5 Conditions Regular Check-Ups in Your 20s & 30s Can Prevent
March 13, 2023
When you’re young and healthy, going to the doctor for routine checkups – especially if you’re not sick– can sometimes feel unnecessary. However, regular care in your 20s, 30s and beyond is the best way to catch problems early – and potentially prevent diseases from developing in the first place.
Primary care is so important because without annual exams, a lot of health issues may go unchecked for many years until they become serious health problems,” says University Hospitals family medicine physician, Fenny Zen, MD. “Patients may have chronic health conditions but are unaware because they may be asymptomatic for many years and are frequently diagnosed at an advanced stage several years down the road.”
The Prevention Top 5
With regular visits, your PCP will be able to pinpoint problem areas that can be addressed before they turn into more serious health concerns. Dr. Zen identifies several areas in which early evaluation can prove to be beneficial to your health in the long run.
#1: Weight Gain/Obesity. Obesity can lead to a host of other problems down the road, including hypertension, diabetes, high cholesterol, chronic back pain, sleep apnea and more. Your PCP will monitor your weight at each visit and provide counseling on lifestyle changes, if necessary, to improve your overall health.
#2: Diabetes. Your PCP may also check your A1C, a blood test that measures your average blood sugar level over the past three months, at your annual exam. This is especially important if you are in an at-risk group for diabetes, such as being overweight or obese, or have a family history of diabetes. This test can also determine if you are pre-diabetic.
“It is easier to implement lifestyle changes, such as weight loss and diet modification, when you are in the pre-diabetic range,” says. Dr. Zen. “This information may be helpful for patients because they may not know the severity of their risk of developing diabetes.”
#3: Skin Changes. Your PCP can keep a close eye on skin changes, especially moles, at your annual visit. Changes in a mole’s appearance or size may warrant further evaluation. Skin cancer is most treatable when it is caught early, so your PCP can advise you on signs to look for and when to seek care for skin changes.
“Patients should know the importance of limiting sun exposure and wearing (and reapplying) sunscreen when out in the sun, as well as avoiding tanning beds”, says Dr. Zen.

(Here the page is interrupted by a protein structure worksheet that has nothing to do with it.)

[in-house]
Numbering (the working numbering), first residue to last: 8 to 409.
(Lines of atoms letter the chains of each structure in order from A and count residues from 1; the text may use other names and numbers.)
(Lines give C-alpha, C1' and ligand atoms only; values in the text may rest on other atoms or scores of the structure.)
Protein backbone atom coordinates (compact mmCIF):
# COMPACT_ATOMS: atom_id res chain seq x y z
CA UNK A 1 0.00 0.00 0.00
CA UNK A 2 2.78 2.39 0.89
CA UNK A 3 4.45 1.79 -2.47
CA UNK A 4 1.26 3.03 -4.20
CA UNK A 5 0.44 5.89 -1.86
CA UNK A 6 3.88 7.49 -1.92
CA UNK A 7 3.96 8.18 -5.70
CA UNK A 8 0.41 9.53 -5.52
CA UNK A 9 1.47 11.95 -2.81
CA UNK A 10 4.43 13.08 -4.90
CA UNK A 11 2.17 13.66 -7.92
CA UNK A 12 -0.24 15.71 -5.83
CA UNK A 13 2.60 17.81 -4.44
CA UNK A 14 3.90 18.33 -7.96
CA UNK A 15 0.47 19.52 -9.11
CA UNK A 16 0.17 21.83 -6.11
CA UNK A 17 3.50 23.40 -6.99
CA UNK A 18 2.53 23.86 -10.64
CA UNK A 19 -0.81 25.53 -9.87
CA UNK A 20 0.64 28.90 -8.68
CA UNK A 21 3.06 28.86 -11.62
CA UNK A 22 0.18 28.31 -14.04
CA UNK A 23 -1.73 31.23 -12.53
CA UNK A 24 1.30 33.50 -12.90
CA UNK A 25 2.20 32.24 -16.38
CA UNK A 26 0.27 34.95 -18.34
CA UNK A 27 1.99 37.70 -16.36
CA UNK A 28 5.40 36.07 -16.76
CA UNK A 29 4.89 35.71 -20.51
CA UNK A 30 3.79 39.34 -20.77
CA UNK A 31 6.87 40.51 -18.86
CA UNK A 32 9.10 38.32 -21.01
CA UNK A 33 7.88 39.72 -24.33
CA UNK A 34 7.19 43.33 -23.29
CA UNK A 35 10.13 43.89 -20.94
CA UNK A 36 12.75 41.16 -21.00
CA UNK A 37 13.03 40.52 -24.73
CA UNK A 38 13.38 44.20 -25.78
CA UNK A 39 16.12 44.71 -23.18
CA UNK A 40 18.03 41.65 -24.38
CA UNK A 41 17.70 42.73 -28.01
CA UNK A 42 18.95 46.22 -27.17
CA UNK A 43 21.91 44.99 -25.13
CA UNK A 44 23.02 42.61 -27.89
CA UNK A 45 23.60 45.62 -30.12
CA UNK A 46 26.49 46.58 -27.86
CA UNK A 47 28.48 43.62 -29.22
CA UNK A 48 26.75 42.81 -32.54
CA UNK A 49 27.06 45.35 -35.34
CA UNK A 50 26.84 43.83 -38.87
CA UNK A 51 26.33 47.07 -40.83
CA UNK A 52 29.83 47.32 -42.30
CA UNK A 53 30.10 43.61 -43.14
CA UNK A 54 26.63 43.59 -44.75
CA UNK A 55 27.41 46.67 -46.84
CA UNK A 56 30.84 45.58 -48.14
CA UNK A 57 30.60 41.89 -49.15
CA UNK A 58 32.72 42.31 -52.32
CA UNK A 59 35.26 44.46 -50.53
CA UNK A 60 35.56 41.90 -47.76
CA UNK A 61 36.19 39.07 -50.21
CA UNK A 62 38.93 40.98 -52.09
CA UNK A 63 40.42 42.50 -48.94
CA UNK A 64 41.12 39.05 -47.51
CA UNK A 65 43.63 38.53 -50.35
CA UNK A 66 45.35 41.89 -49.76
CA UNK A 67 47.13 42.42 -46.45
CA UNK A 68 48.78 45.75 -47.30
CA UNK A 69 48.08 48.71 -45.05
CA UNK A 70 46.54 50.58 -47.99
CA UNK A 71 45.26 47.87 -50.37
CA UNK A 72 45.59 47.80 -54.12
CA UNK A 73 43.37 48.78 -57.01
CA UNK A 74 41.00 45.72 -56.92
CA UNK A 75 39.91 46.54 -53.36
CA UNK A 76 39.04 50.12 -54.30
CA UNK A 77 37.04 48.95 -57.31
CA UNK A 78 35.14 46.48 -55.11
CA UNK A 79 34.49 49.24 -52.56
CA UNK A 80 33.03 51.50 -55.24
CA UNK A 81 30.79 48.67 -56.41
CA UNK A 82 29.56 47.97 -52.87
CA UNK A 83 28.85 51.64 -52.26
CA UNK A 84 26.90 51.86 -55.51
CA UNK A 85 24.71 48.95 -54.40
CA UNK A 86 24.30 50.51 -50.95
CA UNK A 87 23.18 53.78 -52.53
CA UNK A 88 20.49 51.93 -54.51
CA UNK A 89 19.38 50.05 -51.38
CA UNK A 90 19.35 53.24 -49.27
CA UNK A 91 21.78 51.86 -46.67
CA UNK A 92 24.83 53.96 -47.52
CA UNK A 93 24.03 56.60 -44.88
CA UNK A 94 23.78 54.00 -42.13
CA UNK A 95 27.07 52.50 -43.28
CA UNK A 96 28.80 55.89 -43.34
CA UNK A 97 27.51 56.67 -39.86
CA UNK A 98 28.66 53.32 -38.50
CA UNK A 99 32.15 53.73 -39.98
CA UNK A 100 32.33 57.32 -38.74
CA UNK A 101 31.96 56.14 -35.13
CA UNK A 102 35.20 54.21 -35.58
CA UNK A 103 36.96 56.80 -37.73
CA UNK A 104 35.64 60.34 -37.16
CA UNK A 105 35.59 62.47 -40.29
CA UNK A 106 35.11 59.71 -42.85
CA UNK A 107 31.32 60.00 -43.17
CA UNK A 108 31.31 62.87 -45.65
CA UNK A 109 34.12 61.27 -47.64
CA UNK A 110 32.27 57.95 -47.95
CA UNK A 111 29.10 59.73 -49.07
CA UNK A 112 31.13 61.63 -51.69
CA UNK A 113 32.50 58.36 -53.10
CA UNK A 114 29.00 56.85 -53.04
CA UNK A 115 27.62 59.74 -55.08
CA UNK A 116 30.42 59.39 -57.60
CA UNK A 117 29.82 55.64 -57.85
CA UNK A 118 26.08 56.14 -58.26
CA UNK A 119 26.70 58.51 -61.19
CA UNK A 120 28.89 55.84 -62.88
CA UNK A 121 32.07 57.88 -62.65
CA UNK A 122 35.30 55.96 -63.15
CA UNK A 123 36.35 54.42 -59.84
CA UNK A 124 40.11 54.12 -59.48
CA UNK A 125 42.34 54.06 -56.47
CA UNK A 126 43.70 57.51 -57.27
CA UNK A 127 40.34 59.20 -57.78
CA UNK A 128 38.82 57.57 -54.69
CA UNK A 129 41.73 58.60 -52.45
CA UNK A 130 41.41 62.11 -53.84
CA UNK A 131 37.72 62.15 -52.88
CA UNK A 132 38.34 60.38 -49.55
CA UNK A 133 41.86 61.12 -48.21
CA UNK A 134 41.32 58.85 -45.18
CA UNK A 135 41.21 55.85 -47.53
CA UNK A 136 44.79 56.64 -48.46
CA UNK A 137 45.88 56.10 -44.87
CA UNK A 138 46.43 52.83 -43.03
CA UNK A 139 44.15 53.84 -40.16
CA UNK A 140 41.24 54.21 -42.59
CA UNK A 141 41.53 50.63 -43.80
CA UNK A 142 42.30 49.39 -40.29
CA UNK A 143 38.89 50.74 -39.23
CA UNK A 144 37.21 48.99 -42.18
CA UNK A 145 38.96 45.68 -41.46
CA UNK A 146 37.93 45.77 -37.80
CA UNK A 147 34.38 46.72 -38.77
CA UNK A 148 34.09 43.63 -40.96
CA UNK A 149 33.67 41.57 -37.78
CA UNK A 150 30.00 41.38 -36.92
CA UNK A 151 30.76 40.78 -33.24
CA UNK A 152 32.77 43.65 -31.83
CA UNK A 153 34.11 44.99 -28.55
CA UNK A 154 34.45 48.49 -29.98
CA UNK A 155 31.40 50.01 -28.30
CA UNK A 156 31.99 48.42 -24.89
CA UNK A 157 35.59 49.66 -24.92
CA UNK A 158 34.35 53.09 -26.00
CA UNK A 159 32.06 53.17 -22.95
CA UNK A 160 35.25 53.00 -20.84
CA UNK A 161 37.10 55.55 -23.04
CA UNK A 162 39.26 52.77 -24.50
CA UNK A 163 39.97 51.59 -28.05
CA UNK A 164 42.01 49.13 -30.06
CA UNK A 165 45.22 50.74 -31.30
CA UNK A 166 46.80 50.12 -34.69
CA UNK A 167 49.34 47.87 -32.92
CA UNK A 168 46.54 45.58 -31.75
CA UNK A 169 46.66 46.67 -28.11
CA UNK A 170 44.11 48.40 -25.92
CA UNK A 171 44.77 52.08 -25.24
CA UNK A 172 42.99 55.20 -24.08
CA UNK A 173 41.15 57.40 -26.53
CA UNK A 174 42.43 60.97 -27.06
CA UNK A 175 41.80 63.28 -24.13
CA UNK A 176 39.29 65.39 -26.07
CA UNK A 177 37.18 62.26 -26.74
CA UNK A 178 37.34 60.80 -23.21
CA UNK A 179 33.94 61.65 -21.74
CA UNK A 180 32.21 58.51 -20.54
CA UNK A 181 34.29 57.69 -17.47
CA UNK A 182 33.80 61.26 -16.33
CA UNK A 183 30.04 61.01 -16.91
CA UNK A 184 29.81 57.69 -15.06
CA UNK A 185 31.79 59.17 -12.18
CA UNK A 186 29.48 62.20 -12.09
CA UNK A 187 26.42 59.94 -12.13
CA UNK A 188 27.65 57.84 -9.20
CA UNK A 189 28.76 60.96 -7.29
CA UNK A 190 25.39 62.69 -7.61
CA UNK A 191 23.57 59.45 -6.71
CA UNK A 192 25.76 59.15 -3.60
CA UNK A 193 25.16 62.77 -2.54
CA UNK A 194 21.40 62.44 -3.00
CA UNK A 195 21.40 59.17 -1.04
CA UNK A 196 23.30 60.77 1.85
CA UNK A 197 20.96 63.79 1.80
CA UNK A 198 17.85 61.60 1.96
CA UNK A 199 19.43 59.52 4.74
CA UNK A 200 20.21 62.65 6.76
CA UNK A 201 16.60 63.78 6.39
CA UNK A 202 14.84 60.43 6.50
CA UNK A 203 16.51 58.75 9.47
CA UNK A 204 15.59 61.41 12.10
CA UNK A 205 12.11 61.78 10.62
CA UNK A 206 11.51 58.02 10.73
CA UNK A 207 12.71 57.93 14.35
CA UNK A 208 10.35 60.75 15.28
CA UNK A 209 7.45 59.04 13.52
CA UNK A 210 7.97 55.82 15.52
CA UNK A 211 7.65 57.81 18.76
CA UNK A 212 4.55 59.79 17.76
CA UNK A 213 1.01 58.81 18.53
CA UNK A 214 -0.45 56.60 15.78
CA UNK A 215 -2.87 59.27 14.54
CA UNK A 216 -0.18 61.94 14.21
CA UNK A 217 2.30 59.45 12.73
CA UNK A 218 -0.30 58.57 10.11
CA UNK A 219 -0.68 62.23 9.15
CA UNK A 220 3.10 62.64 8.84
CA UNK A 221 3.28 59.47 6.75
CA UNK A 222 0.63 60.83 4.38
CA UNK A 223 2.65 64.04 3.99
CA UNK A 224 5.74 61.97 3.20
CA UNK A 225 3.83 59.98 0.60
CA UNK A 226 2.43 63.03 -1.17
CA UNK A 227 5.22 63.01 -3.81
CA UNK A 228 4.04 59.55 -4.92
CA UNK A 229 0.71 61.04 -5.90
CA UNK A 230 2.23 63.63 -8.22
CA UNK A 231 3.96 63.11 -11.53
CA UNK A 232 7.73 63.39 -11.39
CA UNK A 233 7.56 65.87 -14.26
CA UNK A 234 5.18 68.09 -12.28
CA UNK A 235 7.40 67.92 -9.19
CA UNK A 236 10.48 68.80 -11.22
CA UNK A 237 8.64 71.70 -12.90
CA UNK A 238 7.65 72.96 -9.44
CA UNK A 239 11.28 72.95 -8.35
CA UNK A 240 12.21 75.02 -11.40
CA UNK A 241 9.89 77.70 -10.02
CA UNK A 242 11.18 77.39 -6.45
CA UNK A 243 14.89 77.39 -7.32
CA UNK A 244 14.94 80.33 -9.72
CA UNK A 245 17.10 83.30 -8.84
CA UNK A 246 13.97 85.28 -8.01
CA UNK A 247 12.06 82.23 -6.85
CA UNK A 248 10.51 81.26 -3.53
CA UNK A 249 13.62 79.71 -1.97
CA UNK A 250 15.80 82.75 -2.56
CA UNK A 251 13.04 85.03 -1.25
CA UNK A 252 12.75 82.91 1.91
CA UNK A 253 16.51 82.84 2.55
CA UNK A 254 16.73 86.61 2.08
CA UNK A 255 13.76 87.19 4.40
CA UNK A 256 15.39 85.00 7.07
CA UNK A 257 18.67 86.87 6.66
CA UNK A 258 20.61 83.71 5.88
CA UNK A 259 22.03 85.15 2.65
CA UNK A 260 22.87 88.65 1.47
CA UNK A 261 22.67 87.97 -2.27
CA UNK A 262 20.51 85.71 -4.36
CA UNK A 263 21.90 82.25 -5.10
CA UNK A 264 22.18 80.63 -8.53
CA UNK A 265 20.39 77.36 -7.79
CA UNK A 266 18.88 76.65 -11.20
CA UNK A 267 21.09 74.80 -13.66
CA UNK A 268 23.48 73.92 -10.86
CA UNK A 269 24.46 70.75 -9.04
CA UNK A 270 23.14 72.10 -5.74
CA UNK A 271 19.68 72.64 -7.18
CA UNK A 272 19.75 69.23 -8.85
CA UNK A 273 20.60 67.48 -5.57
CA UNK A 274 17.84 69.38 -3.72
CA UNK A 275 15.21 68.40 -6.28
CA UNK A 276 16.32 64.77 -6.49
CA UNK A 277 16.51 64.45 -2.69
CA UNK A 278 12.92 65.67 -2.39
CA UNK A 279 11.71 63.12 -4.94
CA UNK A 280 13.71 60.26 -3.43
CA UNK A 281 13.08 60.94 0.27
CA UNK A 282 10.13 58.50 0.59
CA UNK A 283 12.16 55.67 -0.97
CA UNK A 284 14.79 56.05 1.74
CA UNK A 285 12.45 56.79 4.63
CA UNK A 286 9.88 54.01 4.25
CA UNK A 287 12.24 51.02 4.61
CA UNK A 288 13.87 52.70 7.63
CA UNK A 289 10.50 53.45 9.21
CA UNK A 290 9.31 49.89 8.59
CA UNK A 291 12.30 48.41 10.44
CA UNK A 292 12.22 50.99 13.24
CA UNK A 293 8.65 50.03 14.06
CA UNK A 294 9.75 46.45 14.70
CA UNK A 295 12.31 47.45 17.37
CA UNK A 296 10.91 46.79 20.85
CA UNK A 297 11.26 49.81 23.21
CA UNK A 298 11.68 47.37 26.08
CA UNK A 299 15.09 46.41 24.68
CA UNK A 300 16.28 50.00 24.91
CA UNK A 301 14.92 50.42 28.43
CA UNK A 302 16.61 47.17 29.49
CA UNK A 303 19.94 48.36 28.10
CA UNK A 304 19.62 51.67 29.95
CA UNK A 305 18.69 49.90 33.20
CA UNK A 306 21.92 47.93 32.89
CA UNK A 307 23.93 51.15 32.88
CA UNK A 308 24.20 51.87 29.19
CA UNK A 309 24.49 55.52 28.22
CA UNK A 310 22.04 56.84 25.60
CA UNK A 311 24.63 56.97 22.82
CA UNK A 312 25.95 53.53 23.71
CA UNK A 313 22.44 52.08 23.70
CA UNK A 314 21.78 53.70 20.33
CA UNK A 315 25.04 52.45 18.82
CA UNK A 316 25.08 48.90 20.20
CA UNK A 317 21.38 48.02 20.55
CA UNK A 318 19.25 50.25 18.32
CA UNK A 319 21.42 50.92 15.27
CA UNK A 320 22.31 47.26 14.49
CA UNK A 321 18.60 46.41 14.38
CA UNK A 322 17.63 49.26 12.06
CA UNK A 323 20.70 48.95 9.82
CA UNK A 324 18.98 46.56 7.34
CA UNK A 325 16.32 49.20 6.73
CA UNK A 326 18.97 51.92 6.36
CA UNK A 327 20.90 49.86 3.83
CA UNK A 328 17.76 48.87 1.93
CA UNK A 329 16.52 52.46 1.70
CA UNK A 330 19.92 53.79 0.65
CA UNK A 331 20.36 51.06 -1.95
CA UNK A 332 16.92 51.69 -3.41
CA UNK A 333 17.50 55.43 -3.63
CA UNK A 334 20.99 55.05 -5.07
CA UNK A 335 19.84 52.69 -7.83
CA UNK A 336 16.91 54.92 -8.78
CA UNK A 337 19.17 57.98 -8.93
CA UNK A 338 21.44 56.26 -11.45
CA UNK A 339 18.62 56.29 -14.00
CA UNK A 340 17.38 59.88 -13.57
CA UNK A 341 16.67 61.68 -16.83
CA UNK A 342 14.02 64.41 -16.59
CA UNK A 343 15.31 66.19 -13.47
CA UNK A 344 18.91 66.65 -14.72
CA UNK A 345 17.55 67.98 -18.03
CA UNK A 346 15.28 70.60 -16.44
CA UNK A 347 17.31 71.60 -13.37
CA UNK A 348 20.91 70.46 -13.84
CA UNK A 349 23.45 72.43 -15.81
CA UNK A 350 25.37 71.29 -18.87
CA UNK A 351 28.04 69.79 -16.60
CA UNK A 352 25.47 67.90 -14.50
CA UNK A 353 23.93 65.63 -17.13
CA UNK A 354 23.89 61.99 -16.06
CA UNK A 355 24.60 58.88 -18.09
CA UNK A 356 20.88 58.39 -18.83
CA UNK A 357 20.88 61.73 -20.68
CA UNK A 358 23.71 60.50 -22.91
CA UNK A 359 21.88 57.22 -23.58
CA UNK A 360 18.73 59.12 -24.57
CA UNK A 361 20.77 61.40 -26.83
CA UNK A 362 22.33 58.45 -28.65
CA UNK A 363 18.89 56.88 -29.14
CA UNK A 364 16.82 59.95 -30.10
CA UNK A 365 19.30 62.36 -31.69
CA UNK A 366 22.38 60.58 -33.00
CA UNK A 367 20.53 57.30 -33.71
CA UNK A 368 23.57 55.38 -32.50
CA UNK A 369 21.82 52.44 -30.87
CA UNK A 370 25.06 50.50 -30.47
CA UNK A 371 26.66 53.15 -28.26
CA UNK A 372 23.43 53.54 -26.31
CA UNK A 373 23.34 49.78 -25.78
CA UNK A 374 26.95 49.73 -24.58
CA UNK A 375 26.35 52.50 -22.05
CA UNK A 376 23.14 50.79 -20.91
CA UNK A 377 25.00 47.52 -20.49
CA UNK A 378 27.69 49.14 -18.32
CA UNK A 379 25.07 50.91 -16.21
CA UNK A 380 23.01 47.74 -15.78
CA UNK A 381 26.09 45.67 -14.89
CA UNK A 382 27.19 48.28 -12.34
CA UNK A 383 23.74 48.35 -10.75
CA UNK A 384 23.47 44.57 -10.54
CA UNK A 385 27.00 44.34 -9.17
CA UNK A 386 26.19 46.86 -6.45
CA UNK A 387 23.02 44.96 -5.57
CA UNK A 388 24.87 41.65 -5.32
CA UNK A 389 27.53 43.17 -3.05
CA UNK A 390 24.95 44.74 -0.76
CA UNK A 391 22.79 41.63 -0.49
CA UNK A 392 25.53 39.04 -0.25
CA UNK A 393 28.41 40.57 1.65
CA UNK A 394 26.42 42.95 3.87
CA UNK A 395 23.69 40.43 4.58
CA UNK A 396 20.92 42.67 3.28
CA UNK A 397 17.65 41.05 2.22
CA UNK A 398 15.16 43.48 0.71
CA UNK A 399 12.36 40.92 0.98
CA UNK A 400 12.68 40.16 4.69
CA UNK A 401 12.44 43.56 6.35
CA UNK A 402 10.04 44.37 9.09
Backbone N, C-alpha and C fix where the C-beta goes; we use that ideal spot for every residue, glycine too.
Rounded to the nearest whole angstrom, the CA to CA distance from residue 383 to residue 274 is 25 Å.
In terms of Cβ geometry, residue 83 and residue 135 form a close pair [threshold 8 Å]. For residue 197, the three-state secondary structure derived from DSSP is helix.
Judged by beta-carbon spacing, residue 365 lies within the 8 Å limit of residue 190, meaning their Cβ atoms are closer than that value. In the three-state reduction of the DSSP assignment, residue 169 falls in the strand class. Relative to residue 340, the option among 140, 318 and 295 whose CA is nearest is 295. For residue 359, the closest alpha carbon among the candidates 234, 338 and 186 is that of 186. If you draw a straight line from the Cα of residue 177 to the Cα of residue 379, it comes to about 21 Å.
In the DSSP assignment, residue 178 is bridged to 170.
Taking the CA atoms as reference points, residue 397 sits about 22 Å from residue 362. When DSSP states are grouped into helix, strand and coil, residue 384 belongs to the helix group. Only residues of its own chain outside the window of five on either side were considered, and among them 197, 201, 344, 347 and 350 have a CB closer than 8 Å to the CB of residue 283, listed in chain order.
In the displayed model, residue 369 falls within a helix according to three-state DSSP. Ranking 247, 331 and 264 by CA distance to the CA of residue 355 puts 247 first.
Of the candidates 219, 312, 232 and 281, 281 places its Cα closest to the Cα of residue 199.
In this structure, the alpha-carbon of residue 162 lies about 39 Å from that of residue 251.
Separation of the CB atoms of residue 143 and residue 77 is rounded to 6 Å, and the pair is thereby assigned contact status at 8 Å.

#4: Depression and Mental Health. If you have a family history or personal history of behavioral health issues, a primary care provider can closely monitor your mental health and make recommendations should you need to seek the care of a counselor or psychiatrist, or if your mental state warrants more urgent evaluation.
Because untreated depression can push people toward drug or alcohol addiction, patients should seek medical attention if they exhibit any signs or symptoms of depression, or if someone close has brought up concerns of possible depression. Dr. Zen recommends identifying at least one or two individuals in your life that you can turn to as a good support system.
#5: Sexual Health. Your primary care provider can screen for sexually transmitted diseases (STDs). All sexually active women younger than 25 years of age should be tested annually. It is also recommended that those 25 years and older be tested for STDs annually, especially with multiple sex partners or a new partner. Your primary care provider can counsel you on safe sex, STD prevention and birth control options, if desired. This information is not only useful to the patients themselves, but also for their partners in the event that the patient tests positive for an STD. Prompt treatment is essential to prevent potential long-term complications from an untreated STD. These can include infertility, pregnancy complications, increased risk of certain types of cancer, and increased risk of contracting another STD.
Why It’s Important to Have a Dedicated Primary Care Provider
When you establish care with a primary care provider (PCP) and visit them regularly as scheduled, your provider will be able to track your health over time and provide appropriate tests, screenings and immunizations. They can look at trends in your health and review your family history to assess your risk for certain diseases and conditions. Your provider will also be able to offer personalized solutions for your health concerns and help you identify ways to meet your health goals.
Dr. Zen says that when you have a relationship with a provider you see at every visit, it can provide benefits for years to come. This continuity in care encourages honesty, trust and open communication, which is the key to providing quality personal care.
“In the long run, we not only increase patient satisfaction with care but we also improve clinical outcomes at a lower cost and prevent unnecessary hospitalization. Most importantly, over time, that one-on-one relationship is key in reducing health disparities,” says Dr. Zen.
Whatever your age or stage of life, prevention is the best medicine. That's why it's important to see your primary care provider for age-appropriate screenings and vaccinations that can prevent disease.